Mr. Speaker, in recent months, the international community has almost unanimously expressed its indignation and concern over the rise of the so-called Islamic State in Iraq and the Levant.
ISIL has established a self-proclaimed caliphate, at present stretching over a vast territory, roughly from Alepo to near Baghdad, from which it intends to launch a terrorist jihad not merely against the region, but on a global basis. Indeed, it has specifically targeted Canada and Canadians, urging supporters to attack “disbelieving Canadians in any manner”, vowing that we should not feel secure, even in our homes.
It would be easy to downplay such statements and tell ourselves that these are merely the words of some fanatic fringe; however, this terrorist organization does more than just talk.
More shockingly, ISIL's words are matched by its actions. In the territory ISIL has occupied, it has conducted a campaign of unspeakable atrocities against the most innocent of people. It has tortured and beheaded children. It has raped and sold women into slavery. It has slaughtered minorities, captured prisoners and innocent civilians whose only crime is being or thinking differently from ISIL. Indeed, by late last summer, ISIL stood on the brink of committing large scale genocide in Northern Iraq.
This is why Canada's allies in the international community, led by President Obama, decided to intervene, and why our country, Canada, became part of that intervention.
On September 5, I announced that members of the Canadian army, in a non-combat role, would advise and assist security forces in Iraq battling the terrorists.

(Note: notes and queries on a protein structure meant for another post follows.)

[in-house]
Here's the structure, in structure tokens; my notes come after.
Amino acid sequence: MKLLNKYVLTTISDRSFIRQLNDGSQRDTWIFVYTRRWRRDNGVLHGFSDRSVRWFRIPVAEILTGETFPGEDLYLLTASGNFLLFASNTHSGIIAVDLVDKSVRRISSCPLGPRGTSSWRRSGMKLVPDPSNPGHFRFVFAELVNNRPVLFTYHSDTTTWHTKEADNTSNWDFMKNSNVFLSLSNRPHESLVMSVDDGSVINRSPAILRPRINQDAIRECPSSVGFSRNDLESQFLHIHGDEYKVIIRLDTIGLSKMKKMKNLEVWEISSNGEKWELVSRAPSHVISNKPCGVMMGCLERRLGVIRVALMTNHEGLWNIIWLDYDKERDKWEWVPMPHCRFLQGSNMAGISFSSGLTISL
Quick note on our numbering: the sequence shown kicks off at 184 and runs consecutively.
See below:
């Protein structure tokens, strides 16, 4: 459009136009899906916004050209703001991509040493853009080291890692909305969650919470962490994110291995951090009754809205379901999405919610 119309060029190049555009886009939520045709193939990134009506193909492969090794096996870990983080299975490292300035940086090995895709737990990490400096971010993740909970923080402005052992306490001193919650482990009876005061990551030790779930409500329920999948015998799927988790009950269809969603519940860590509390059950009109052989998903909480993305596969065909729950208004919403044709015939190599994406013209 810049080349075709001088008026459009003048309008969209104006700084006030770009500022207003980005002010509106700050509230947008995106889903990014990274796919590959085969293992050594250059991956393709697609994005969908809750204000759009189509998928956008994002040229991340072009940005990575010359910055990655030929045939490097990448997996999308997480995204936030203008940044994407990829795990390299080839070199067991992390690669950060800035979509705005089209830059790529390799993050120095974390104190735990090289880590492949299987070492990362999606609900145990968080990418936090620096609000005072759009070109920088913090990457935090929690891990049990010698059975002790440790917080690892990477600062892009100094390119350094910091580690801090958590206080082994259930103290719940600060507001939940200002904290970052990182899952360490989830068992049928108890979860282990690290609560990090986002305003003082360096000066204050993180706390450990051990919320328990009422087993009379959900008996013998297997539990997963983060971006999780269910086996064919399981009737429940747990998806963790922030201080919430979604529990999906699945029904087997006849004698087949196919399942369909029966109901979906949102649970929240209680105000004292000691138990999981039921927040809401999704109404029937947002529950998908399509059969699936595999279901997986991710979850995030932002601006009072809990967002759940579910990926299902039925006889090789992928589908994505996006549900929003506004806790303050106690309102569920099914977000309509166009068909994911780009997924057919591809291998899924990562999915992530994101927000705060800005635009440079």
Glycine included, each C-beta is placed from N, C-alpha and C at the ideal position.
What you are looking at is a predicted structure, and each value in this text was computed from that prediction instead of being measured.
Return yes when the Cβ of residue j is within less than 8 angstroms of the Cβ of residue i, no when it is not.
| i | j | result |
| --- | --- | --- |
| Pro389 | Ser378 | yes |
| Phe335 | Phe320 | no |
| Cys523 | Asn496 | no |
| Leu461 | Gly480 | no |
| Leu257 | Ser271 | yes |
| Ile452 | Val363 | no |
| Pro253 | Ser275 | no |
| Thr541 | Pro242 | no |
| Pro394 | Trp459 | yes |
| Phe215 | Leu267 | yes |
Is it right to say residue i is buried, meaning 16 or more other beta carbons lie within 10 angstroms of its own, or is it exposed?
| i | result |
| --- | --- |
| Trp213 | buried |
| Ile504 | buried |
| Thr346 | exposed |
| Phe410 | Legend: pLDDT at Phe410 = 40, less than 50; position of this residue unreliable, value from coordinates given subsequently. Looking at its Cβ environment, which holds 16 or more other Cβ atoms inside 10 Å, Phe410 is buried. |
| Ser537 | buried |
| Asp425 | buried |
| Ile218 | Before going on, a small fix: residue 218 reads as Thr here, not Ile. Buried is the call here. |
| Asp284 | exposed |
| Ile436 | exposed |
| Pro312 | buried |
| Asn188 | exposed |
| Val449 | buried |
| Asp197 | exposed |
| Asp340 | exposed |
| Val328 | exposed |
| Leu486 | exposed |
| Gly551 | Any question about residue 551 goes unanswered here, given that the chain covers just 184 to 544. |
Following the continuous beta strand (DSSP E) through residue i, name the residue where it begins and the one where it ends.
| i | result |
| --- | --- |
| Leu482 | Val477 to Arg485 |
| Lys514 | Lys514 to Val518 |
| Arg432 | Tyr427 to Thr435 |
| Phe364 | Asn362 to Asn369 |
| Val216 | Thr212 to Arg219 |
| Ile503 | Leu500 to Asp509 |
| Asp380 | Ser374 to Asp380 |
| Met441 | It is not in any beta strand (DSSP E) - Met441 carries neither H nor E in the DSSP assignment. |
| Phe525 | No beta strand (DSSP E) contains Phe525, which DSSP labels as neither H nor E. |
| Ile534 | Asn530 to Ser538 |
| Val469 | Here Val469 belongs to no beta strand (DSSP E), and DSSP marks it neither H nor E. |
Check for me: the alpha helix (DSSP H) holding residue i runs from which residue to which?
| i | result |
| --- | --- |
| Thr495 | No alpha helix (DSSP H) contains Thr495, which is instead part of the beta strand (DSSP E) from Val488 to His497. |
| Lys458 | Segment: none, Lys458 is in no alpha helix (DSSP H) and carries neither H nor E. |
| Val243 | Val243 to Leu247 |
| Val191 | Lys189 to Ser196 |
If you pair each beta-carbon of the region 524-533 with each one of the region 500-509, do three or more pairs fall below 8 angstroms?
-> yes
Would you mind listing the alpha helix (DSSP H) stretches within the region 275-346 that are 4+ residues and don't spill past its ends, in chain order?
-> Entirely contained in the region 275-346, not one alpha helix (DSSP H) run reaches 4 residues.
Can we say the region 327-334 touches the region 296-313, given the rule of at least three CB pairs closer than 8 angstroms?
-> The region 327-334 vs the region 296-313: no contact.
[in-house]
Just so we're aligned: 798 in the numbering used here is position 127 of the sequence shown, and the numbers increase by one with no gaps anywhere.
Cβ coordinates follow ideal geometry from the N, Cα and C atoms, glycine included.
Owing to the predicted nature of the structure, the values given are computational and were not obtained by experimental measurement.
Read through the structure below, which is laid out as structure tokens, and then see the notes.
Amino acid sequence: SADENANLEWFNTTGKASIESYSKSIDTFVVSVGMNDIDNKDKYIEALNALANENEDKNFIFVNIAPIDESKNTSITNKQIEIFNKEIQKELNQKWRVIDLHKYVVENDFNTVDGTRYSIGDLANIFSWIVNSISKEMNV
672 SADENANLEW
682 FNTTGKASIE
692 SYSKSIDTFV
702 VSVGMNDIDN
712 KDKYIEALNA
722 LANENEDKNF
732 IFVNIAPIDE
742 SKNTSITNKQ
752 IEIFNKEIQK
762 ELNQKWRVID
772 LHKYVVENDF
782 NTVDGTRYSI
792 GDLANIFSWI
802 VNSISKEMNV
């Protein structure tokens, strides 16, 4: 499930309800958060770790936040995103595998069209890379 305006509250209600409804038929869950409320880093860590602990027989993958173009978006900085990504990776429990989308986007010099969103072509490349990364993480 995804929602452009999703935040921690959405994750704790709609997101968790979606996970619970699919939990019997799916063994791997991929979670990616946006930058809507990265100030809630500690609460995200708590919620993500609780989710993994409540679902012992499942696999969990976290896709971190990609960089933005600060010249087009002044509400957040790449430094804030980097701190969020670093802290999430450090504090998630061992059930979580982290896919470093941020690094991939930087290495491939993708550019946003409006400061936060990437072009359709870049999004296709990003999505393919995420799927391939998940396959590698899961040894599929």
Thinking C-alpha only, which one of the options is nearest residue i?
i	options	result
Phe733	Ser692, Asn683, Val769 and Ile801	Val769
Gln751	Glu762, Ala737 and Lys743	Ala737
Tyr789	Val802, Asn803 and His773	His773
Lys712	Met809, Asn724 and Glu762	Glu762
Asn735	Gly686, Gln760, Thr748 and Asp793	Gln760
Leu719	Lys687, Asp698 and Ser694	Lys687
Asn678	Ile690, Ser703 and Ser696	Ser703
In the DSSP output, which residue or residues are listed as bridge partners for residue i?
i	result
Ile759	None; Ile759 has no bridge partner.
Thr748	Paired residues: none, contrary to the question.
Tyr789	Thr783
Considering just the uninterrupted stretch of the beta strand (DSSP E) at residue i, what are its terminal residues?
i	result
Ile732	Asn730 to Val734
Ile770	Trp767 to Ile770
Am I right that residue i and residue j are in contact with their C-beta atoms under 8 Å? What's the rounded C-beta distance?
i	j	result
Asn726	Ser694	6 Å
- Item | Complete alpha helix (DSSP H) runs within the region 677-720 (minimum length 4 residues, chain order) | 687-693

We have already begun, and the Royal Canadian Air Force is transporting weapons and equipment sent from our allies to the security forces in Northern Iraq.
We also indicated that Canada was prepared to do more.
Today, we are bringing forward a motion asking the House to confirm its confidence for a government decision to join our allies and partners, the United States, the United Kingdom, France, Australia, Denmark, the Netherlands, Belgium, Jordan, Saudi Arabia, Bahrain, the United Arab Emirates, and likely others, in launch air strikes against ISIL.
In addition to these air strikes, the Government of Canada, at the request of the Iraqi authorities and other allies and partners, will continue to provide assistance in other non-combat anti-terrorism roles.
We will also contribute one air-to-air refuelling aircraft, two Aurora surveillance aircraft and the necessary air crews and support personnel. In addition, we are extending the deployment in a non-combat role of the up to 69 members of the Canadian army advising and assisting security forces in Iraq.
There will be no ground combat mission, which is explicitly ruled out in the resolution.
These contributions are for a period of up to six months.
Let me be clear on the objectives of this intervention. We intend to significantly degrade the capabilities of ISIL, specifically, its ability to either engage in military movements of scale, or to operate bases in the open.
This mission will stem the spread of ISIL in the region and will significantly degrade its ability to conduct terrorist attacks outside the region.
To be clear, let us say that this intervention will not eliminate this terrorist organization or automatically guarantee that our style of governance will take its place in Iraq or Syria. However, it will provide the opportunity for others to do so.
But again to be clear, while ISIL will not be eliminated, the risks presented from the territory in which it operates will be significantly reduced to those of other similar ungoverned spaces in the broader region.
There are two other matters on which I wish to elaborate.
First, the resolution confirms the Government of Canada's intention to strike ISIL and its allies.
We will strike ISIL where—and only where—Canada has the clear support of the government of the country in question.
At present, this is only true in Iraq. If it were to become the case in Syria, then we will participate in air strikes against ISIL in that country also.